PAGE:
Phosphate on the brain

Better soils
with Brett Petersen
Kiwi Fertiliser & Golden Bay Dolomite

 Below is a passage written by Jerry Brunetti, as part of an article titled “Cows don’t have carburetors” and was published in Acres USA, May 2012. The title seems absurd; it is extremely relevant.

Unfortunately, livestock operators, es­pecially in New Zealand, are being sold a big lie as to how to grow forages, ap­plying huge amounts of urea and super phosphate for yield while dropping the energy levels of the forages, increasing the “funny protein” (nitrogen), oblit­erating the biodiversity of forbs (forage herbs) rich in phenols, carotenoids/terpenoids, and complexing those vital elements in the soil, namely calcium, magnesium, sulfur and boron that are responsible for creat­ing quality protein and forage diversity.

Many New Zealand farms have acid­ic soils (e.g. pH of 5.5). Yet, their soil analysis showing a P2O5 “deficiency” was derived from an “Olsen Test,” to be used on alkaline soils. These soils show a continued “need” for super phosphate, even though some soil tests that I reviewed contained 4,000 pounds per acre of phosphate when they were analysed using a Mellich III extraction procedure, the appropriate method of testing acidic soil. All this excessive phosphate locks up whatever calcium and magnesium is present, denying the plant an ability to synthesize both qual­ity protein and quality forage calories in the form of pectins and hemi-cellulose.

Moreover, the excess phosphate drives the critical mycorrhizal fungi out of the rhizosphere, depriving that organism’s contribution of phosphatase enzyme, needed to extract complexed phosphate and trace elements out of the soil. Thus, over-applying phosphate ironically leads to a deficiency of plant phosphorus, needed to produce ATP (adenosine tri­phosphate), the energy currency in the Krebs cycle for both plants and animals.


What does it all mean? Neal Kinsey, of Kinsey Agricultural Services (KAS), a true adherent to the Albrecht principles of soil fertility, advises all his clients, (which include countless consultants all over the world), to use Perry Agricultural Laboratories for their soil tests. Bob Perry uses the Bray II (root acid soluble) test for soils with pHs up to 7.5. Once the pH gets to 7.6 and above, they provide an Olsen P test result. Since there are at least 12 tests to choose from, why do NZ labs use the wrong one? The Americans use it appropriately and we in NZ have been led to believe it is a true measure of our soil P when it is not.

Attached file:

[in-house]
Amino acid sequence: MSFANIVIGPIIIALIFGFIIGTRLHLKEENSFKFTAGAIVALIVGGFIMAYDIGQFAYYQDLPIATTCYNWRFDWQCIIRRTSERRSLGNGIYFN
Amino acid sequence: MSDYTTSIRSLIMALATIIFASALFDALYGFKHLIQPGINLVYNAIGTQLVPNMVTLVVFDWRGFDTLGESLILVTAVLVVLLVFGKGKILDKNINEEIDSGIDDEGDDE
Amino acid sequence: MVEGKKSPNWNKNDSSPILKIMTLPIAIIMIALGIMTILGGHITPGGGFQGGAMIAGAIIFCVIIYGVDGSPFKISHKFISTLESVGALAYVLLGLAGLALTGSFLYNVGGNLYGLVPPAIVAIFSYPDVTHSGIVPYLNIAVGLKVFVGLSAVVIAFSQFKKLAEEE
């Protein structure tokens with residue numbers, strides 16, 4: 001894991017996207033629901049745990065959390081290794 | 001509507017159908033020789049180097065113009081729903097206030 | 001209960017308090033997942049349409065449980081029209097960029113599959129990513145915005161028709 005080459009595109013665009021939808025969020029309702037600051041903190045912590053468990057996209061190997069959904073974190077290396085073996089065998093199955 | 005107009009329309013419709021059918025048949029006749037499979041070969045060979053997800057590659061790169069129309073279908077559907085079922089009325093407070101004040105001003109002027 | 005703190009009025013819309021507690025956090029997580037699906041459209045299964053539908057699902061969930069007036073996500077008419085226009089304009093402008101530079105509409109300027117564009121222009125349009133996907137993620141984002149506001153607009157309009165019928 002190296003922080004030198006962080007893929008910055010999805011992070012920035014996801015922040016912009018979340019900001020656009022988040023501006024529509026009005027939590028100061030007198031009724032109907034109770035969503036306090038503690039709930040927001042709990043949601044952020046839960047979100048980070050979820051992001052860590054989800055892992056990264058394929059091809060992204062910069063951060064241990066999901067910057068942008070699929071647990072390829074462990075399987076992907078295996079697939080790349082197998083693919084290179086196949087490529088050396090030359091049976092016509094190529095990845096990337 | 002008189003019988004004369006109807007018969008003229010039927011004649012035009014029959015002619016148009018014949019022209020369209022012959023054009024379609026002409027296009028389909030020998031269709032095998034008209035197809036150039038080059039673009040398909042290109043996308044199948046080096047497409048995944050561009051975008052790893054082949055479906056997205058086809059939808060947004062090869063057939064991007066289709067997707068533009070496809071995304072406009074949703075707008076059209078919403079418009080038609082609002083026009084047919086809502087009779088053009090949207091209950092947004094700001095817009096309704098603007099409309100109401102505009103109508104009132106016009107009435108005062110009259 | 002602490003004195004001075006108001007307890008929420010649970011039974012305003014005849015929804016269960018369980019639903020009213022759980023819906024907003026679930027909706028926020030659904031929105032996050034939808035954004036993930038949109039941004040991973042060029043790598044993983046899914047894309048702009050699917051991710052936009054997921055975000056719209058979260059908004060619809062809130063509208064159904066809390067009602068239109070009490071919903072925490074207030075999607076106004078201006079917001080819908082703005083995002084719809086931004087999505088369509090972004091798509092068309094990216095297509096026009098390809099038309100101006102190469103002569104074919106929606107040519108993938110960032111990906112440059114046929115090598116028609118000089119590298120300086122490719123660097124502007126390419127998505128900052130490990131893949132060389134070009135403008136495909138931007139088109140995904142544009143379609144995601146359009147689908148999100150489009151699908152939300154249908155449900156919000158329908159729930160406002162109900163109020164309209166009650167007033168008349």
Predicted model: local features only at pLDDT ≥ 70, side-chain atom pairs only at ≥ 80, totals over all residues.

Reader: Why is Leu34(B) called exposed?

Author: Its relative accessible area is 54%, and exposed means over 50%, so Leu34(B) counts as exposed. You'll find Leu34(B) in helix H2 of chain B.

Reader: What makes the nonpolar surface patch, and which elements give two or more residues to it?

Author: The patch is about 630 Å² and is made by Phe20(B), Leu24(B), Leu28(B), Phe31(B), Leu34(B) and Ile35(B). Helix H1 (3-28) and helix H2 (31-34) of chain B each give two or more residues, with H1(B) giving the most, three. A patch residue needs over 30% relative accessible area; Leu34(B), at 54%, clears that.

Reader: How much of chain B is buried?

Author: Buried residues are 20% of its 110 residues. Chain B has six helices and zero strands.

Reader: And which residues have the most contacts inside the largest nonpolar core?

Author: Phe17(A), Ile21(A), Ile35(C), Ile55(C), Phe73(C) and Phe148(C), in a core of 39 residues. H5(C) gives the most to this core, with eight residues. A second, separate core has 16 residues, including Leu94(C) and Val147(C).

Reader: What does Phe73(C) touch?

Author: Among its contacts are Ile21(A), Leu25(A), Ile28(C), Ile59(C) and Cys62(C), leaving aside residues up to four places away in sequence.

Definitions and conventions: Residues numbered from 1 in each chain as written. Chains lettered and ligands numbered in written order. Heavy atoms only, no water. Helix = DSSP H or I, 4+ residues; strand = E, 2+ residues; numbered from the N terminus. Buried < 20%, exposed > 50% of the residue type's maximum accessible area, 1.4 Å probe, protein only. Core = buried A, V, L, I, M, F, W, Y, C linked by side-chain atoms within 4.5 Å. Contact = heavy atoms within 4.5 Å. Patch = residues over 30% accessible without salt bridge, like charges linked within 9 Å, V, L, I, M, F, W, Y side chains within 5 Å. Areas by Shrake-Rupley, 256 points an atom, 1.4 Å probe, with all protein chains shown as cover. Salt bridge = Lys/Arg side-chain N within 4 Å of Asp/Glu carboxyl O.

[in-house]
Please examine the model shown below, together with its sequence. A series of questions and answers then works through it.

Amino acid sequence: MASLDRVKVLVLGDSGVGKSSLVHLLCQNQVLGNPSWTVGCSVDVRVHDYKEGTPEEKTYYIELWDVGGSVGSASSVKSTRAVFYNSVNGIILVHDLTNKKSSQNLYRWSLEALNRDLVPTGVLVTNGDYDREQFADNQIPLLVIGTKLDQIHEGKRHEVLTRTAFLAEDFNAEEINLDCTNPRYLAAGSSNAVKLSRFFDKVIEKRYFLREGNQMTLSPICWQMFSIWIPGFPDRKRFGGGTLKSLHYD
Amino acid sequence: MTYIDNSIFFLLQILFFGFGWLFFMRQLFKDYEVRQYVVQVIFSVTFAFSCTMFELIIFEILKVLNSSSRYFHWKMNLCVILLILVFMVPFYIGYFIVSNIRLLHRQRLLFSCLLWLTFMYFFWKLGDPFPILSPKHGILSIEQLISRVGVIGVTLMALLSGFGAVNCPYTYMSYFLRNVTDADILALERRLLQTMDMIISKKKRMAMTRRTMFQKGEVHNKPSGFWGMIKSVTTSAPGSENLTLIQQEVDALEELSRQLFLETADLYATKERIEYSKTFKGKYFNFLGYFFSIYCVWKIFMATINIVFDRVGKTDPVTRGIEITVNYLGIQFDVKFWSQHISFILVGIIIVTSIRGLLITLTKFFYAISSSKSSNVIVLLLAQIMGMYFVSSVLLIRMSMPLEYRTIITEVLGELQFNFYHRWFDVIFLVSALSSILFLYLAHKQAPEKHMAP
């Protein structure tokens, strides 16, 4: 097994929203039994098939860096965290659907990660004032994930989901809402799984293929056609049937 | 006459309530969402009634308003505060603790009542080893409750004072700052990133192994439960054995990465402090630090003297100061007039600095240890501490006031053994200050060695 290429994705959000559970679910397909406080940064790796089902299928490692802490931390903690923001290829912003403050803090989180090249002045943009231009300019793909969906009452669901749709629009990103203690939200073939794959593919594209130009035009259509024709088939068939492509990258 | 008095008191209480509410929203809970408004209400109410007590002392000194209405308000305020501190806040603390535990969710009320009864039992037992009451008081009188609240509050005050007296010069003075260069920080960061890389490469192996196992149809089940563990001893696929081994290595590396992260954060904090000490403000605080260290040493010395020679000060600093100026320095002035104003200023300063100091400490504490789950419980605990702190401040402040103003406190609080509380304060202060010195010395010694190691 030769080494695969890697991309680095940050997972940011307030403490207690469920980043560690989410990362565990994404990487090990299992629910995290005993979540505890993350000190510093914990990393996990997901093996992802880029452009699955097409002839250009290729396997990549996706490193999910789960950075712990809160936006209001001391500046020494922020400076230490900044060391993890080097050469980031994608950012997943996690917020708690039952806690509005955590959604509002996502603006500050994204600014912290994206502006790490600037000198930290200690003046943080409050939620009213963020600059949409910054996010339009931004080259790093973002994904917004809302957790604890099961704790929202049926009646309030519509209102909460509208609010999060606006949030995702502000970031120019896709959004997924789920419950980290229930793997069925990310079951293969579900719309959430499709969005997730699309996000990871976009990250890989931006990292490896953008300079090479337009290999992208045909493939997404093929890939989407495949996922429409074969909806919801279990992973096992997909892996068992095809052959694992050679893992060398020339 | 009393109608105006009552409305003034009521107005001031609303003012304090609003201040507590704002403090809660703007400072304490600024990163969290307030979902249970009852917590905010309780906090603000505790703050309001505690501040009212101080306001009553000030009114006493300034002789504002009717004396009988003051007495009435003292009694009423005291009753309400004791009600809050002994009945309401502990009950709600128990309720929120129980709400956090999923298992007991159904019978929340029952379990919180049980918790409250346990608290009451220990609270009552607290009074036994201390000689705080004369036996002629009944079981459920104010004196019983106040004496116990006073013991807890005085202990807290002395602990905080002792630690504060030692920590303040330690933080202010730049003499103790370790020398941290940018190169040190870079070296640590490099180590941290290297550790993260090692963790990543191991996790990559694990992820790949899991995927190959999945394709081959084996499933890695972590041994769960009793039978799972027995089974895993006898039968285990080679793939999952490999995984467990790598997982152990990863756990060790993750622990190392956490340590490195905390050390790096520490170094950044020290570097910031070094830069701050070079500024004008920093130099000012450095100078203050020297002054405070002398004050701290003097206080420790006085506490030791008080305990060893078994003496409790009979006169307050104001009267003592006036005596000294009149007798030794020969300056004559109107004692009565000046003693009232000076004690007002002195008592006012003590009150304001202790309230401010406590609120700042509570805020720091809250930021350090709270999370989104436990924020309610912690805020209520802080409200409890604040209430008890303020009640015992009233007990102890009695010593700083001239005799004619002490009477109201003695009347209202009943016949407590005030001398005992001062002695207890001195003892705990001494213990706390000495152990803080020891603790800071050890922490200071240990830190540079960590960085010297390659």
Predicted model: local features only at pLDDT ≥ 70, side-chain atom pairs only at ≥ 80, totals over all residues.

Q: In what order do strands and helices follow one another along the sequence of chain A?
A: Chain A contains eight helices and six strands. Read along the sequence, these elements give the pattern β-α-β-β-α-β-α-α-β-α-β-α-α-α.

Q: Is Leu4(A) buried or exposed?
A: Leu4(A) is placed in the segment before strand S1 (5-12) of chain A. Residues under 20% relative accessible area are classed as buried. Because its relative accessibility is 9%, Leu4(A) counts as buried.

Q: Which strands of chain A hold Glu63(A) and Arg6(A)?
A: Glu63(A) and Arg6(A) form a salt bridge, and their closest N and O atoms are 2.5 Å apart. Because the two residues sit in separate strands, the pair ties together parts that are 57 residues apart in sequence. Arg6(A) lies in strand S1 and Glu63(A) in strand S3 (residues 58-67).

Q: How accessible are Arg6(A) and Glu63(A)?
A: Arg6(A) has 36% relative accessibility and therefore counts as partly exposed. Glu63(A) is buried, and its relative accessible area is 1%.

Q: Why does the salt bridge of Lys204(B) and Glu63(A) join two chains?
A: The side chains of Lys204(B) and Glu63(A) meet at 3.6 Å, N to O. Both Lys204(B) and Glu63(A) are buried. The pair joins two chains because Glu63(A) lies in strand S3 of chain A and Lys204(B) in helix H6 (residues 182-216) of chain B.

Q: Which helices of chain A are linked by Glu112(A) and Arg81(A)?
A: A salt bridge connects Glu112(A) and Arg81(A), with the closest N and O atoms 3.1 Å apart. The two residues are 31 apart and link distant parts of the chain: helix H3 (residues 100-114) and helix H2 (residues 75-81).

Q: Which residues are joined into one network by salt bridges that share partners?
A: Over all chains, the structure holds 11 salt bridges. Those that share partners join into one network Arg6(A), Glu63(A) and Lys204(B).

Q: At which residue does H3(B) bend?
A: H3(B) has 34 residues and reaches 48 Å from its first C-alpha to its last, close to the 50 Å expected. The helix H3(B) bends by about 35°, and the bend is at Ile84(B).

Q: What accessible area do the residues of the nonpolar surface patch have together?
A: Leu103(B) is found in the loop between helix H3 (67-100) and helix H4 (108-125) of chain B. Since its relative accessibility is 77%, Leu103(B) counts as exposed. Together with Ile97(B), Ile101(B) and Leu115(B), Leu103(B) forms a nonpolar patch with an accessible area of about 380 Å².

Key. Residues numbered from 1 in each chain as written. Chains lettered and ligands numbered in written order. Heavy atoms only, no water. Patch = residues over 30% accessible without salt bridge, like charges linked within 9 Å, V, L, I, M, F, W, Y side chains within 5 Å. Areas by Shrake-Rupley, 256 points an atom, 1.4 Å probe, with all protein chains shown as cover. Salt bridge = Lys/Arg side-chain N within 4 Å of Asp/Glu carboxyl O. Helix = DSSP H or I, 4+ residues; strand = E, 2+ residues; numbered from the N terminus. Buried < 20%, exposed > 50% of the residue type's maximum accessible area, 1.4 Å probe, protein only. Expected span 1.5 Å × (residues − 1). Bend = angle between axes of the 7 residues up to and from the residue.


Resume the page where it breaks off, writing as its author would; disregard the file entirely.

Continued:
On average, 73 per cent of acid phosphates tie up or complex with aluminium, iron, manganese, and calcium, within six weeks, sometimes within hours of application. But super’s big marketing ploy is its low cost. How cheap is a material that is only 27 per cent effective, even less than that on some soils? Remember, chemical agriculture is a self-serving, input-driven system. You are advised to apply an unbalanced fertiliser to an unbalanced soil to help sustain a state of imbalance, which will then require constant chemical intervention. Now we have an inappropriate P test and an inappropriate product. When compared to alkaline phosphate products the answer comes out very much in favour of alkaline products such as guano, RPR, dicalcic and DAP. If needed, you can quickly build soil P levels with those products without those tying-up problems.

When we add the demise of mycorrhizal fungi (VAM) into the equation, the situation becomes even clearer. There is little or no reason to use super, as the VAM increases the effectiveness of phosphate uptake of roots by 10-1000 times. Loss of VAM leads to increased soil erosion and leaching of nutrients from the soil. When the VAM is lost, some other organism will take its place. Usually, it is a pathogenic organism. Since properties I have worked with have no facial eczema, it seems a good bet that those using alternative phosphates will also not be bothered by that terrible affliction.

As for excess phosphate in the soil, on reviewing soil tests taken on flats, 90% had an excess, some being in the plus 700kg bracket. The hills were a different proposition as 86% were deficient.

Phosphate on the brain? There comes a point when some properties at least need to address other nutrients. The best way to assess that is to get a KAS soil test. However, while the public doesn’t suffer from phosphate on the brain, the high aluminium released from using super-phosphate is certainly a real threat to the health of humans particularly their brains.

Jerry Brunetti is managing director of Agri-Dynamics, which specializes in products for farm livestock and pets, and consults on a wide variety of other issues. He can be reached at Agri-Dynamics, P.O. Box 267, Martins Creek, Pennsylvania 18063, phone 877-393-4484, email, website


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